Principle on Organizing
Liberal Arts Education

Leaders in science and technology are required to remain motivated to tackle, in cooperation with likeminded people from different fields, cross-sectional and complex issues that transcend the borders of specialties, while maintaining a foothold in science and technology. We believe that cultivating such ability and supporting outstanding specialized skills are the role of liberal arts education.

*General academic subjects
 up to graduate school,
 taught in parallel

For this purpose, organizing a curriculum for liberal arts education should aim to cultivate the following
types of ability.

  • 1. Ability to adopt a bird’s-eye perspective of nature, people, and society
  • 2. Ability to think logically and critically
  • 3. Communication skills
  • 4. Internationalism (ability to understand different cultures, languages, ethnic groups, and
    international issues)
  • 5. Self-management ability

Subject Classifications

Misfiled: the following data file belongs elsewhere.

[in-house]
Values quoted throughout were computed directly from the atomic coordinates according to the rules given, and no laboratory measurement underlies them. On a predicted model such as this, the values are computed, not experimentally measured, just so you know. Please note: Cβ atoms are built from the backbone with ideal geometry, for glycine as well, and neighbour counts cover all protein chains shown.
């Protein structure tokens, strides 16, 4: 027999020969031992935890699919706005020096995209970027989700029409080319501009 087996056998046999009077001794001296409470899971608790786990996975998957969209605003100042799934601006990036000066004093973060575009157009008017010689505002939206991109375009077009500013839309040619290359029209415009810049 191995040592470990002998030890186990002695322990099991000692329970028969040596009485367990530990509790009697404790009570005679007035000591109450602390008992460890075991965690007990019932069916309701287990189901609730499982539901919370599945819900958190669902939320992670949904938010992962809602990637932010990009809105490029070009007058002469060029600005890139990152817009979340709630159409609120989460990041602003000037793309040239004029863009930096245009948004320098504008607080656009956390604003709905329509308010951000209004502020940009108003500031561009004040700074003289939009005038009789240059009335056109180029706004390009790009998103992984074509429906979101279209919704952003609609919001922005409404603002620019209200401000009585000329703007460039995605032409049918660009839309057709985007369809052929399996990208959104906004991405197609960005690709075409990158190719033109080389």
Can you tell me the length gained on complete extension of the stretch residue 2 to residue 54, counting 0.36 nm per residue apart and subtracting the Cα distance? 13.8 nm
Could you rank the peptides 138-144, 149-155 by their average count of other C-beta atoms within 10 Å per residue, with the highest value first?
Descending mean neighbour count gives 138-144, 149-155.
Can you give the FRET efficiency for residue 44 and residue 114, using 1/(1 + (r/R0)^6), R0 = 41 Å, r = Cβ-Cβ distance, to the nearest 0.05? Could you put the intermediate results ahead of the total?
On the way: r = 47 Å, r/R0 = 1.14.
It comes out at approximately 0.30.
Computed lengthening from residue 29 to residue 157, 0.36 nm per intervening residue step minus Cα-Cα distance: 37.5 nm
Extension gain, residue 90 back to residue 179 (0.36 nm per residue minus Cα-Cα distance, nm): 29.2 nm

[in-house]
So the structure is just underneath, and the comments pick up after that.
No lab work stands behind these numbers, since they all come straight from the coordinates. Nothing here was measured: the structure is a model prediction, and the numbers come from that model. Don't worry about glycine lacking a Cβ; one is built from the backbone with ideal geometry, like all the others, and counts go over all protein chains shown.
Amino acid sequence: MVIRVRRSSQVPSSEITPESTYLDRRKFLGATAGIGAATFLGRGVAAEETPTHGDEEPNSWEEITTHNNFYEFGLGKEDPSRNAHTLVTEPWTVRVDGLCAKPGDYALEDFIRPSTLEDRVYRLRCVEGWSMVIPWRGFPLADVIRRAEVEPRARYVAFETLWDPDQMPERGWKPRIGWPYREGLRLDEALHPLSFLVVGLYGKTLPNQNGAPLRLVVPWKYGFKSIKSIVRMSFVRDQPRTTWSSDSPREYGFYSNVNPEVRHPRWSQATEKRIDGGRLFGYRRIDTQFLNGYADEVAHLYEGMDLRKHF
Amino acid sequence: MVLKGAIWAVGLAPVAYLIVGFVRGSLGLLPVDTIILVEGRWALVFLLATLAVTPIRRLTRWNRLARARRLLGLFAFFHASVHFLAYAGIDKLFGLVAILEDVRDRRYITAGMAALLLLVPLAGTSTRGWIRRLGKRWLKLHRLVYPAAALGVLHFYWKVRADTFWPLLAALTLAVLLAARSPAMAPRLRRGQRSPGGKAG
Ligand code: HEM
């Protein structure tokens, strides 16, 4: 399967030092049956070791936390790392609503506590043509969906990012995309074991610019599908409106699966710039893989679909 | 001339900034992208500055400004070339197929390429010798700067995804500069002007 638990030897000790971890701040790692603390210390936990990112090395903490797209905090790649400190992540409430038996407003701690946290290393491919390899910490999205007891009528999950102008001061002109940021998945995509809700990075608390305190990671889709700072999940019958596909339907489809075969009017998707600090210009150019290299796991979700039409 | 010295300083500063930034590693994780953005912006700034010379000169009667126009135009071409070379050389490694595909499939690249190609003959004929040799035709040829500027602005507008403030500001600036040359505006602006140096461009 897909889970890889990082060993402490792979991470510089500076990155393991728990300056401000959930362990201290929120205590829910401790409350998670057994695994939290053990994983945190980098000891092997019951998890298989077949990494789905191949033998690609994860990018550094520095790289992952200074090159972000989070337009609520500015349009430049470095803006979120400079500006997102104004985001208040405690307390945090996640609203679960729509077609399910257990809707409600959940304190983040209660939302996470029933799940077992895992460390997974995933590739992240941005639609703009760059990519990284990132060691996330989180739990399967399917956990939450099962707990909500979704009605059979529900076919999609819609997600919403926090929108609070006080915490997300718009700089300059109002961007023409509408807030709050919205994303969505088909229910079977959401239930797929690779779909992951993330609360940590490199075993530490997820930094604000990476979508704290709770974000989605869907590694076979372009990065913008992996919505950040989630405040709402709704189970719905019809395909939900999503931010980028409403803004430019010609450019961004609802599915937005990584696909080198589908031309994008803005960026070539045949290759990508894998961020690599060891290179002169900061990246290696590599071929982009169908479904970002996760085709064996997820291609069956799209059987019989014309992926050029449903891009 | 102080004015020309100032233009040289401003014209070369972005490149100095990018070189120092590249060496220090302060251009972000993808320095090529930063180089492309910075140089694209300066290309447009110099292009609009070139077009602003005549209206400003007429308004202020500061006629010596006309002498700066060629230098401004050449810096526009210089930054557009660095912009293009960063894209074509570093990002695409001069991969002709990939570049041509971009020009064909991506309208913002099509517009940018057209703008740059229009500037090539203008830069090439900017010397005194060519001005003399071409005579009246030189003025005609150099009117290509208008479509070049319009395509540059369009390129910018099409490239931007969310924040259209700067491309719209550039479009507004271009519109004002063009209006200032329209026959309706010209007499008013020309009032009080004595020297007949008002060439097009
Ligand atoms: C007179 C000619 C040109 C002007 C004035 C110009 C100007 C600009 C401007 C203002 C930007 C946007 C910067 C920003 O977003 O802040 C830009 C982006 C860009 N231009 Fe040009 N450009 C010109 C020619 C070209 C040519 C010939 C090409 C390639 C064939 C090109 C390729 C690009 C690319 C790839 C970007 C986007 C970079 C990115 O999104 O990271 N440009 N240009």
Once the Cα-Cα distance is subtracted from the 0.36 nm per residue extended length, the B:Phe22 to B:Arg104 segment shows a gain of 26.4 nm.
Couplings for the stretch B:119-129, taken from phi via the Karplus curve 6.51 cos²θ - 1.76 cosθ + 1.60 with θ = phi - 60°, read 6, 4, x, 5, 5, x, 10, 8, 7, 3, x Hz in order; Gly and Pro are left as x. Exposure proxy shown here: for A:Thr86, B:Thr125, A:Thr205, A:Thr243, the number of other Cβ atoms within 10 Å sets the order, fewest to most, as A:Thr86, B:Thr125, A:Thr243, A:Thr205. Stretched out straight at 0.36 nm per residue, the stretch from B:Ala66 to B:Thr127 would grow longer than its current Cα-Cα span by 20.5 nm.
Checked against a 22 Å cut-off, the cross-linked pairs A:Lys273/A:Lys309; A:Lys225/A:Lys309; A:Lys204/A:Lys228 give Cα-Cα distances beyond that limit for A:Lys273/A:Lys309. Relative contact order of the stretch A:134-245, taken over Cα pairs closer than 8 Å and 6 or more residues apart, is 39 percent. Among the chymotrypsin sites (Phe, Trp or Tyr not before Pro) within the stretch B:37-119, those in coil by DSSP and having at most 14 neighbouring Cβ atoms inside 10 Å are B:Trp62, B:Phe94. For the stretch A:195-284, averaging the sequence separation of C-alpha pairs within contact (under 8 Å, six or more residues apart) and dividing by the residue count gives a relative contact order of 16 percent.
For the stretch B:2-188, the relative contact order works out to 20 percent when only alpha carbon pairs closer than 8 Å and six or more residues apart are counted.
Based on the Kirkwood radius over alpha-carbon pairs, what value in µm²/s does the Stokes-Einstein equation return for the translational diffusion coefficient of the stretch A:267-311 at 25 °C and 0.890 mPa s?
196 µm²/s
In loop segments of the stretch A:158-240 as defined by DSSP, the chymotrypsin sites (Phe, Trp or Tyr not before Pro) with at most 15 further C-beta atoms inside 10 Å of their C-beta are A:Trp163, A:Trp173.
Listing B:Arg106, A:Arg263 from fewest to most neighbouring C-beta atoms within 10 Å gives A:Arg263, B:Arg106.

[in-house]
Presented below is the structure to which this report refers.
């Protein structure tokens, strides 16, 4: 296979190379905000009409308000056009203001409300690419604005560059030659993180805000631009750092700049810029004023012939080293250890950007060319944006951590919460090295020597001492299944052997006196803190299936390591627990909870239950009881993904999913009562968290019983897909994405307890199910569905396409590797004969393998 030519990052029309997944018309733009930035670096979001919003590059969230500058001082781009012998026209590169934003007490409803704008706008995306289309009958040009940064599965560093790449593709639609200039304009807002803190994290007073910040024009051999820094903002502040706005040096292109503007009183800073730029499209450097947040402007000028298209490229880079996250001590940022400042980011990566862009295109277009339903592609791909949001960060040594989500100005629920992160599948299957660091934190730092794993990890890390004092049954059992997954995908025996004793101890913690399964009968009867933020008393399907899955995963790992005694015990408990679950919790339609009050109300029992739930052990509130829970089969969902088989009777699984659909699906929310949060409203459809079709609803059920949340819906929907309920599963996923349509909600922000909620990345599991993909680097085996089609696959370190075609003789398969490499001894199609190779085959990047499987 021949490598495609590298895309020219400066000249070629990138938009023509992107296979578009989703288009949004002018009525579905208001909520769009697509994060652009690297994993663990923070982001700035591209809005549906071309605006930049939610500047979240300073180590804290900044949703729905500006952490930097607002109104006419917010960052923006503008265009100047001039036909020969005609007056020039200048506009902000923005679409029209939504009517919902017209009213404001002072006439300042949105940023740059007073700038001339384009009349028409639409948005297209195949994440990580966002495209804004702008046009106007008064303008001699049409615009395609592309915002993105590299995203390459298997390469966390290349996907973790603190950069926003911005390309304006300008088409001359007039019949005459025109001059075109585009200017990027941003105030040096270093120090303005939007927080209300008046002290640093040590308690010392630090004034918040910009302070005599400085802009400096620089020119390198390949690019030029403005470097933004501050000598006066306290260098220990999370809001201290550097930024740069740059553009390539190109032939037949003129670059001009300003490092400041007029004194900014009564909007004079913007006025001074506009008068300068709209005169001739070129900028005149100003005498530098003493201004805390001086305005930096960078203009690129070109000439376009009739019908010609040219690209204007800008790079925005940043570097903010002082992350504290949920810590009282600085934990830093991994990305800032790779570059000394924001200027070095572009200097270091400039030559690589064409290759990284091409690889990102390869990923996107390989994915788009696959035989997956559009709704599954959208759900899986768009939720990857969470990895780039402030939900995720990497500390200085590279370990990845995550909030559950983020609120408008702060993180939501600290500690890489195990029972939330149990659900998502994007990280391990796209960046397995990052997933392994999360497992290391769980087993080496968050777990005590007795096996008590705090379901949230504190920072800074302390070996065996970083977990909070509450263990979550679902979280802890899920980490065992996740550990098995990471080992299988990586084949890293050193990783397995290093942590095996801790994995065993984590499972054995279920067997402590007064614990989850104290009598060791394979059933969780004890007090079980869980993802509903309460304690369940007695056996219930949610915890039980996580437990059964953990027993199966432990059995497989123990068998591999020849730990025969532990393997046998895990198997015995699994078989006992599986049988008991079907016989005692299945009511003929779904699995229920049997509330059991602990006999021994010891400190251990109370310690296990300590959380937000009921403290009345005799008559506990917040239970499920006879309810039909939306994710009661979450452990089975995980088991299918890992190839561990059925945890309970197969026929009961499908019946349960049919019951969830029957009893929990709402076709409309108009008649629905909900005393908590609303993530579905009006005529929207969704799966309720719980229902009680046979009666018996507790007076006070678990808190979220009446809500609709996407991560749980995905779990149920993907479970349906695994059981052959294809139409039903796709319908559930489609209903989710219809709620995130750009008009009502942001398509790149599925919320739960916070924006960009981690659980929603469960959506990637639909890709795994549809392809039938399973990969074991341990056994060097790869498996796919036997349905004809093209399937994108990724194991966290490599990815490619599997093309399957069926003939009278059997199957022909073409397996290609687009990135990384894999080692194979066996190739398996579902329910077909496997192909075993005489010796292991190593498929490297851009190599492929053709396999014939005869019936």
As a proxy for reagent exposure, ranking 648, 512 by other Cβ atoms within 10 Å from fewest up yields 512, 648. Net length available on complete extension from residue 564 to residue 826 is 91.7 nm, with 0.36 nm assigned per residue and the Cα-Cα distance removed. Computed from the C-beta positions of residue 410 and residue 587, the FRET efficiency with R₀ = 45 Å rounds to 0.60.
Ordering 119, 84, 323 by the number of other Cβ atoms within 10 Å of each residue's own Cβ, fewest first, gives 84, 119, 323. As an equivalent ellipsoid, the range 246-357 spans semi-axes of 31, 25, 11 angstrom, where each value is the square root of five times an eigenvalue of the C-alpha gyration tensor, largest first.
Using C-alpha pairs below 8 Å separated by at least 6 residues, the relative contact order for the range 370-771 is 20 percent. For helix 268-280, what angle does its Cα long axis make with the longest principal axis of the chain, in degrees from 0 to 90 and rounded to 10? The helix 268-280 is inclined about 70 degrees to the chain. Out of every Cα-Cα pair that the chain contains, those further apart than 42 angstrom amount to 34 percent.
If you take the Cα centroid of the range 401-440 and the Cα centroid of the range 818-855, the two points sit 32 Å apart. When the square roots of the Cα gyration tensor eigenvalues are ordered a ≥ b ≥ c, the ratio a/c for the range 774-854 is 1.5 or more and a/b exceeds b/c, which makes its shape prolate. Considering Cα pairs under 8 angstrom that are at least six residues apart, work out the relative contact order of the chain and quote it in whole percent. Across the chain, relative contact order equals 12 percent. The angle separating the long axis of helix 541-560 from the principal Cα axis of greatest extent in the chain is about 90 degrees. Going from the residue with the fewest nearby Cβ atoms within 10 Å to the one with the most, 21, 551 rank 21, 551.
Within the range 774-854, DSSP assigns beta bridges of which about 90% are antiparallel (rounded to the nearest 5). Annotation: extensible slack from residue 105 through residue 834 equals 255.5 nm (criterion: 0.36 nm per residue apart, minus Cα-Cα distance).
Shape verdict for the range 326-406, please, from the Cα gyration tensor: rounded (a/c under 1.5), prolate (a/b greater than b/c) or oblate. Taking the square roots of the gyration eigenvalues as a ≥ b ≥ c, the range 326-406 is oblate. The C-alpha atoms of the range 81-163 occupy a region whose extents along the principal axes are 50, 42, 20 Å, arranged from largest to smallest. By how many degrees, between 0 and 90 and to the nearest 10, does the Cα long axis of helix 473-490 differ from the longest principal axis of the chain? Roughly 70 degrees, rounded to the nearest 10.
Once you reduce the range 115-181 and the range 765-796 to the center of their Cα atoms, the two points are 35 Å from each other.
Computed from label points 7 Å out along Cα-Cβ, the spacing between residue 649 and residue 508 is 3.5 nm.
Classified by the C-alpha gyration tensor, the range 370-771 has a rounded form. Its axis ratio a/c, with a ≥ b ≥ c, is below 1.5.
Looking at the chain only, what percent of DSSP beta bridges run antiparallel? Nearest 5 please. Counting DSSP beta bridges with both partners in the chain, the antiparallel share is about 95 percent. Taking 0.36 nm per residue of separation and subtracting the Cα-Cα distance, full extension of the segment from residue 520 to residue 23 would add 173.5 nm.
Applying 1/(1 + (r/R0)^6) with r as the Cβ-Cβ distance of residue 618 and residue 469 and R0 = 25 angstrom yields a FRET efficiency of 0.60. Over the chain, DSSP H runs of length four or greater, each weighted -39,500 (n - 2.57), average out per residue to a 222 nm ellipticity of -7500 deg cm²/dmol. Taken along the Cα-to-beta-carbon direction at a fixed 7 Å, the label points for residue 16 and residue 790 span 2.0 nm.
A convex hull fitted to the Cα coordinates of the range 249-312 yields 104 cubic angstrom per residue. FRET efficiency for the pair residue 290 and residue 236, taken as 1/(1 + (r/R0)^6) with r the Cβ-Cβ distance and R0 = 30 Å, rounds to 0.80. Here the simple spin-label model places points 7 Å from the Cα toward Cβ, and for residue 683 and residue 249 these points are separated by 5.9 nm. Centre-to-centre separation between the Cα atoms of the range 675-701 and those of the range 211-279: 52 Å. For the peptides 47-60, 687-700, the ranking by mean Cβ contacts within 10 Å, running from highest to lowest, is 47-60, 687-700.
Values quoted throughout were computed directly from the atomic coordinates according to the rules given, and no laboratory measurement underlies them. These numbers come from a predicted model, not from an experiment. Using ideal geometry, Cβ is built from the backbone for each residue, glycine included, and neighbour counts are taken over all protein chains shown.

General courses are largely divided into "human science" and "English"; students are required to take a designated number of units in each. "Human science" covers a variety of subjects that center on the humanities and social sciences, and includes foreign languages other than English as well as health and physical education courses.
In health and physical education, in particular, efforts are made to help students build strong bodies and acquire fine human qualities through activity in athletic facilities both on and off campus.
A variety of English courses are offered to foster the practical English-speaking ability that students will require as researchers and technicians in scientific and technical fields and to develop international communication skills.

Kagurazaka Division, Institute of Arts and Sciences(Faculty of Science Division Ⅱ)

Oshamambe Division, Institute of Arts and Sciences